Design tokens are only as helpful as their names. Learn the token naming practices that make the design tokens clear at a glance to users in this practical guide.

Design tokens are the building blocks of a design system. They are essentially design decisions that encapsulate visual properties or styles, in turn applied to components, and subsequently patterns. To learn more about design tokens and get a brief overview, read our introductory article.

This article will take a deep dive into naming practices for tokens, and ideally help you find the right one for your design system.

A crucial aspect of a system’s design tokens is the naming - you communicate design decisions through tokens, by conveying the message through a shared and unified language. In fact, Dan Mall, design system expert, once said that people spend more time naming their design tokens than they do their kids and pets!

If the quality of a design system hinges on its capacity to facilitate consistency, communication, and efficient work completion, then there is no better place to begin than with language—the cornerstone of human connection.

Tokenizing Your Design System: An Organized Approach

Implementing a tokenized approach offers a structured and efficient method for managing and applying design properties. In a design system, it is crucial to keep in mind the following: consistency, flexibility, and scalability. These expectations extend to - or even stem from - the nature of its design tokens.

Why? Well, when there are well-defined building blocks, it becomes easier to build things further. Creative processes become streamlined and efficient. Creating a top-notch, scalable product demands thorough organization and clear definition every step of the way.

Naming conventions vary from one system to the next. Every organization is bound to have its own pattern - Google’s Material 3 has a specific style, while Adobe’s Spectrum goes for something entirely different, but ideal for them. Each decision is carefully advised. This is Conway’s Law - the theory that organizations will design systems that copy their communication structure.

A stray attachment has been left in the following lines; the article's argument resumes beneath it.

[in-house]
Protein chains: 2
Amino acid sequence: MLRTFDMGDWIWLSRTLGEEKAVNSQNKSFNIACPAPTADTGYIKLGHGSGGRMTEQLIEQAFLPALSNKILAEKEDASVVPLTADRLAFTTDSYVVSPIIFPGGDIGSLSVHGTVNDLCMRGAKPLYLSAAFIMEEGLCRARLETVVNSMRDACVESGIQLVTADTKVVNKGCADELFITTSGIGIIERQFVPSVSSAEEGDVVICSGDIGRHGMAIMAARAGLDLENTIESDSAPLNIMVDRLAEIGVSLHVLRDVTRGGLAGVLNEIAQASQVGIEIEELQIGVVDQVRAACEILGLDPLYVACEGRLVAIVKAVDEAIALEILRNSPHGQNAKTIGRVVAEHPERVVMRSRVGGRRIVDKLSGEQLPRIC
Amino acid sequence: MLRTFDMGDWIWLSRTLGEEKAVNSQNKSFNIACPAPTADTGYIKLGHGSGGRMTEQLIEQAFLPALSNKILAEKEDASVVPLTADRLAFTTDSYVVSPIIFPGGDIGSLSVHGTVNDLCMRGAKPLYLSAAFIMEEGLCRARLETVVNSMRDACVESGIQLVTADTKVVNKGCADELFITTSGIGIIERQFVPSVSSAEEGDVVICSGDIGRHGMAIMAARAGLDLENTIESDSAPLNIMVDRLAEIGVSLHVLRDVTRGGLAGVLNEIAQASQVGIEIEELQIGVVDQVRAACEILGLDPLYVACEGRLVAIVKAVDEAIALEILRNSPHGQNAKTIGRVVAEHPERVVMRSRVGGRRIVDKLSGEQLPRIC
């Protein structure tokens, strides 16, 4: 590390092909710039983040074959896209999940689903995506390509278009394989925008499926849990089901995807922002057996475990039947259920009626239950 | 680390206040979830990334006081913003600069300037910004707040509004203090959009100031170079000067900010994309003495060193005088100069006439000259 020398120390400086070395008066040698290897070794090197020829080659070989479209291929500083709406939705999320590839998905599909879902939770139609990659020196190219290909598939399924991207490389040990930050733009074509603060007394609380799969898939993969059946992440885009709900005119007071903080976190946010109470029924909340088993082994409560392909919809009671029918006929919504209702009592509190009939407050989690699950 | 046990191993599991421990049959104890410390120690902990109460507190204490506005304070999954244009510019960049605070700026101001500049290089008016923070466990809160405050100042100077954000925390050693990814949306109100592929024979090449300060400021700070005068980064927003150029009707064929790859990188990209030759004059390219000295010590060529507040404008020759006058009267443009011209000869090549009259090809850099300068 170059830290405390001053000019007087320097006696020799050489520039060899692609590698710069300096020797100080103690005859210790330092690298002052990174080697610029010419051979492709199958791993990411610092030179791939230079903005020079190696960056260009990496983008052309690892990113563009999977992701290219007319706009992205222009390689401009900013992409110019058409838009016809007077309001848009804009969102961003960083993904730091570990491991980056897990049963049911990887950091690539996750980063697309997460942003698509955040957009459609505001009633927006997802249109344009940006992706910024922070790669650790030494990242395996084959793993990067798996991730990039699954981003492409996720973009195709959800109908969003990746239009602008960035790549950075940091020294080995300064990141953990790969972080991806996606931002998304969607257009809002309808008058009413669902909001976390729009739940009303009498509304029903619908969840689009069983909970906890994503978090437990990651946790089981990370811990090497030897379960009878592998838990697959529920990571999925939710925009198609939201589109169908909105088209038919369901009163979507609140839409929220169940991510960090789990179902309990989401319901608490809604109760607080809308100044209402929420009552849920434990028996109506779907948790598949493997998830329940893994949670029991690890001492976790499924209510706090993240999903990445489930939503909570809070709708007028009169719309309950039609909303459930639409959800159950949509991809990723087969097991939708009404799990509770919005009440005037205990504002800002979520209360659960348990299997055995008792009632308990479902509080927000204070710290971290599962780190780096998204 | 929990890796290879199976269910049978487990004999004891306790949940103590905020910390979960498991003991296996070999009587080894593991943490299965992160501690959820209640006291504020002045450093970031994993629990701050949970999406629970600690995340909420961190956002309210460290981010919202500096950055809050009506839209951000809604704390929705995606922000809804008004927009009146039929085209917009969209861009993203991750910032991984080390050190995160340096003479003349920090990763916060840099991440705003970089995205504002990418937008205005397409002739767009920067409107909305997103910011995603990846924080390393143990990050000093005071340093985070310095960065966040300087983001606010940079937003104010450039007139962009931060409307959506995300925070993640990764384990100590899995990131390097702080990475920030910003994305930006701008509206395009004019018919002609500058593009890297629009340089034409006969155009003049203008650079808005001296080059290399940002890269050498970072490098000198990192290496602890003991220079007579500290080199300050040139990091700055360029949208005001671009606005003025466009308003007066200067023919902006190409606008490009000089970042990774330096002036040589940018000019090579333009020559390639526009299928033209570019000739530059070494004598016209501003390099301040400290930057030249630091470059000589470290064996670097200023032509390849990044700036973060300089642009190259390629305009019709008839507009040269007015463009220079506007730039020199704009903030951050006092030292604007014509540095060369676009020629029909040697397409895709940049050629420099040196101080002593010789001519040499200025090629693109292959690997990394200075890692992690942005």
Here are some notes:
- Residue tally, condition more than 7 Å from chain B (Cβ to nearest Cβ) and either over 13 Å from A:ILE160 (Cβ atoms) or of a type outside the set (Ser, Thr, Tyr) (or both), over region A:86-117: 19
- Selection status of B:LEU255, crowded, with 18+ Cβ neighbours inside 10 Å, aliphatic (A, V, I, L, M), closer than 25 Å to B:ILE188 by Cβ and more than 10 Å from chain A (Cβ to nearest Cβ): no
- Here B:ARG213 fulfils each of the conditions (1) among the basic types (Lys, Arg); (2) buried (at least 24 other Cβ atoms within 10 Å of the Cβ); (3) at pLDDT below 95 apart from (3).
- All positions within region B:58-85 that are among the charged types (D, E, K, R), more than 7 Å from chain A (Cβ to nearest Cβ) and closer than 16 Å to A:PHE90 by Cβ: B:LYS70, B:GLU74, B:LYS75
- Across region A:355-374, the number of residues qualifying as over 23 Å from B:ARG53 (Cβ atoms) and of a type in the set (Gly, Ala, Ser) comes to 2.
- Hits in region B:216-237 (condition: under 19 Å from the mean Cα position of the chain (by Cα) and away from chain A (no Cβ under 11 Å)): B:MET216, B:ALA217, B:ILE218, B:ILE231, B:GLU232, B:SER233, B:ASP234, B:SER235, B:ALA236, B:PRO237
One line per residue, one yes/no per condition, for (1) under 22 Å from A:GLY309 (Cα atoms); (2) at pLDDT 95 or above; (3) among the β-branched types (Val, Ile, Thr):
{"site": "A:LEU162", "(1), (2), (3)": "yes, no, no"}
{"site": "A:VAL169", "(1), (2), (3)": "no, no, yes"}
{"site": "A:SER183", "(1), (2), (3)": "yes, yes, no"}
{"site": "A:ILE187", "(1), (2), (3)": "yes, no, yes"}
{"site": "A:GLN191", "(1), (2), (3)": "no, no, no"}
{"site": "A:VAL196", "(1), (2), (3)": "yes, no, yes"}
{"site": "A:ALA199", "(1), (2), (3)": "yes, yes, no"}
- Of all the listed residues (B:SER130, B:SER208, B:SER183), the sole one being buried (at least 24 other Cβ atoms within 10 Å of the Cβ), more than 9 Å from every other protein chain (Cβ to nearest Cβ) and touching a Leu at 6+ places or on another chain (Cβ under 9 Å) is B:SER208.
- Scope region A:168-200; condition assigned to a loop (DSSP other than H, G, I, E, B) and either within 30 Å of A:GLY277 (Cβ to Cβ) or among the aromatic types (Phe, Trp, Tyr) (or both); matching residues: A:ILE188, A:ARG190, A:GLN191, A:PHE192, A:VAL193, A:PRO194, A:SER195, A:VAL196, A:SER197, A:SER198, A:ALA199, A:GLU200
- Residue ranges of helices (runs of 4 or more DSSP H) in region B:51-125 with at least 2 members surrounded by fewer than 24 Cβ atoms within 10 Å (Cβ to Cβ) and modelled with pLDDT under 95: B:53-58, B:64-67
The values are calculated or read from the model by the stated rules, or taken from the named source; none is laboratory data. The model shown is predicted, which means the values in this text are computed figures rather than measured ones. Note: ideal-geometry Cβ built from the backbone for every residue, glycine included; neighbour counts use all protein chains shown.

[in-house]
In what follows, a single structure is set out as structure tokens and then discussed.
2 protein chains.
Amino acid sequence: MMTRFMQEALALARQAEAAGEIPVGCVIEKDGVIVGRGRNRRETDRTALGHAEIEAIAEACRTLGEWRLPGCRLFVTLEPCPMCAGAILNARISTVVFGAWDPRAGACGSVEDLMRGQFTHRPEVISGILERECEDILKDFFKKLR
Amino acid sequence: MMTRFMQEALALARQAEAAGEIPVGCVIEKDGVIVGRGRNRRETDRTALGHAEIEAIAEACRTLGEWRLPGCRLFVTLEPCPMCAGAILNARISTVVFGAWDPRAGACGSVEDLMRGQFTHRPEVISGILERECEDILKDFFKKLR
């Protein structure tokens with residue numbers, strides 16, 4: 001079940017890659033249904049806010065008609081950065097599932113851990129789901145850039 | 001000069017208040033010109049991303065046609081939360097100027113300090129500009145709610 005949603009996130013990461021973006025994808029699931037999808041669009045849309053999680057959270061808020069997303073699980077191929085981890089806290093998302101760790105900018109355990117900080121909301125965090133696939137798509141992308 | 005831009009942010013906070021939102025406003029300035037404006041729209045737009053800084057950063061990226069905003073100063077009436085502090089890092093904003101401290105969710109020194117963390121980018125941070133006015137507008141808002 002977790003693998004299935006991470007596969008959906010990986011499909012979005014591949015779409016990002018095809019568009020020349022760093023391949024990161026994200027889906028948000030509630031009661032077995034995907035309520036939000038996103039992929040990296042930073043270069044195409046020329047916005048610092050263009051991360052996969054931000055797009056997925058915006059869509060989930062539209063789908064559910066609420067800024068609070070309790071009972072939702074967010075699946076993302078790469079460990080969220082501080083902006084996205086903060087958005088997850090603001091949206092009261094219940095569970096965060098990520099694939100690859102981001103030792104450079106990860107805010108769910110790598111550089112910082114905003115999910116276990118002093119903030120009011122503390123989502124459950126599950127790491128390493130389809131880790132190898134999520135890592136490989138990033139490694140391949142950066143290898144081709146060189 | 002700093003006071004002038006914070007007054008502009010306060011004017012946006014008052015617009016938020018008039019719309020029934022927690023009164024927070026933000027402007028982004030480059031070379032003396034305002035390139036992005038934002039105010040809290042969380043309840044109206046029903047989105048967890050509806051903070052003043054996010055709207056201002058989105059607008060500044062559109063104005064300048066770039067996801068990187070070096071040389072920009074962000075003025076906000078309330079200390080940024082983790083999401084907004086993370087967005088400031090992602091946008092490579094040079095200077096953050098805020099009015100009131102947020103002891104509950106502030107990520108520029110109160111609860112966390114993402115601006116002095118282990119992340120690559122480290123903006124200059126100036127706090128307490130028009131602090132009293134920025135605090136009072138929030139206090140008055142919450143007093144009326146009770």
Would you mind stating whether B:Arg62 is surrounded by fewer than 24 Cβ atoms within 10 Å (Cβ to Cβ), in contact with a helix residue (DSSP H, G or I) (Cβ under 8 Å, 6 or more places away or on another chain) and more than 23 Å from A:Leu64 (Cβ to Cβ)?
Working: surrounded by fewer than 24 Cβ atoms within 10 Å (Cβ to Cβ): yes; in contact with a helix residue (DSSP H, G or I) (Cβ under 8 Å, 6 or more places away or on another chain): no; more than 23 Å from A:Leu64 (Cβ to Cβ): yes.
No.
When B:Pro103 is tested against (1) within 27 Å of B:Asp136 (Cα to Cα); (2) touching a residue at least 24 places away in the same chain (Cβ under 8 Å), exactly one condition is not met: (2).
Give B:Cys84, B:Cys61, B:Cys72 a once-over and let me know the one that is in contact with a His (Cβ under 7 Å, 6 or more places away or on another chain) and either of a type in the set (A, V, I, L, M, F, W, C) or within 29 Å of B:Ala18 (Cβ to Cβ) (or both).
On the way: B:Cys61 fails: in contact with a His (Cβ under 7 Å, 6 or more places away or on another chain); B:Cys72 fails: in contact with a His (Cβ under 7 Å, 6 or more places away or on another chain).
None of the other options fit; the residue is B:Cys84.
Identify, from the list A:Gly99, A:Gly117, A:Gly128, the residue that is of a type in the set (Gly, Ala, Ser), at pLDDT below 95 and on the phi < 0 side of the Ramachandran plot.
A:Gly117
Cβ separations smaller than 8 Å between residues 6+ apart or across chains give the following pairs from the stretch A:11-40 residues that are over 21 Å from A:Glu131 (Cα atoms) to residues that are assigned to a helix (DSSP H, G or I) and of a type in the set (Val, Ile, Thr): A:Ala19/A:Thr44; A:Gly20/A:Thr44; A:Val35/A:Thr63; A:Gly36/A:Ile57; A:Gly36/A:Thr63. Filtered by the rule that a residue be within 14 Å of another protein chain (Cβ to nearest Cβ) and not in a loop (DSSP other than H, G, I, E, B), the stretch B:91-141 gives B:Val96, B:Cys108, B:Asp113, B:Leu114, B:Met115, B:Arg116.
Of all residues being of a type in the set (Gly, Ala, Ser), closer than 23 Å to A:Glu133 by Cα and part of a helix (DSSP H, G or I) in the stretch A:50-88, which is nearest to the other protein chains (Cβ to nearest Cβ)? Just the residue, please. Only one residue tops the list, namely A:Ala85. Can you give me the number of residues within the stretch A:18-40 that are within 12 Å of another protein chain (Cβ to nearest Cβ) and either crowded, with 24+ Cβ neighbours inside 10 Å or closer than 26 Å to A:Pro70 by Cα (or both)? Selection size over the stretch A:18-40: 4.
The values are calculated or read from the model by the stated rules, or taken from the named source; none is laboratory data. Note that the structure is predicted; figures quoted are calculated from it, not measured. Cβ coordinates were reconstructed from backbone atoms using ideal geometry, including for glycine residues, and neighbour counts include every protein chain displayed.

Along with this information, it is also imperative that we understand the cons of having poorly named tokens. Some of them are:

  • Misinterpretation
    If poorly named, tokens can lead to confusion among designers, developers, and other stakeholders. Unclear or ambiguous token names may be misinterpreted, leading to incorrect usage or implementation.
  • Increased learning curve
    They would require team members to invest more time and effort in understanding and deciphering the purpose and usage of each token.
  • Reduced reusability
    Nonoptimal naming can limit reusability because they may not clearly communicate their intended purpose or context.
  • Collaboration
    Improper naming can hinder collaboration by introducing communication barriers and misunderstandings between designers and developers.

Just as design systems use tokens as building blocks, tokens themselves are structured into levels that provide a framework for organizing and defining their properties.

Levels: Breaking It Down

Generally, it is recommended to keep token names modular and meaningful.

Nathan Curtis splits up a token name into 4 major levels: namespace, object, base, and modifier.


  • Base: category, concept, property. This is the backbone of the token name. It is the main distinguishing factor of a token - its foundational style, like color, text, radius, etc. This style would be applied to an object (if named).
  • Namespace: name of your system, theme, domain. This acts as an identifier for the token.
  • Object: component group (patterns), component, element within a component. This could be a button, a component group like a form, or even an element like an icon. It essentially depicts what object the token is designated to.
  • Modifier: variant, state, scale, mode. This would usually be a tailing element in the token name. It would be the differentiating factor from a token with the same attributes for other sections. This could be a hover state, dark mode style, or in 2x scale.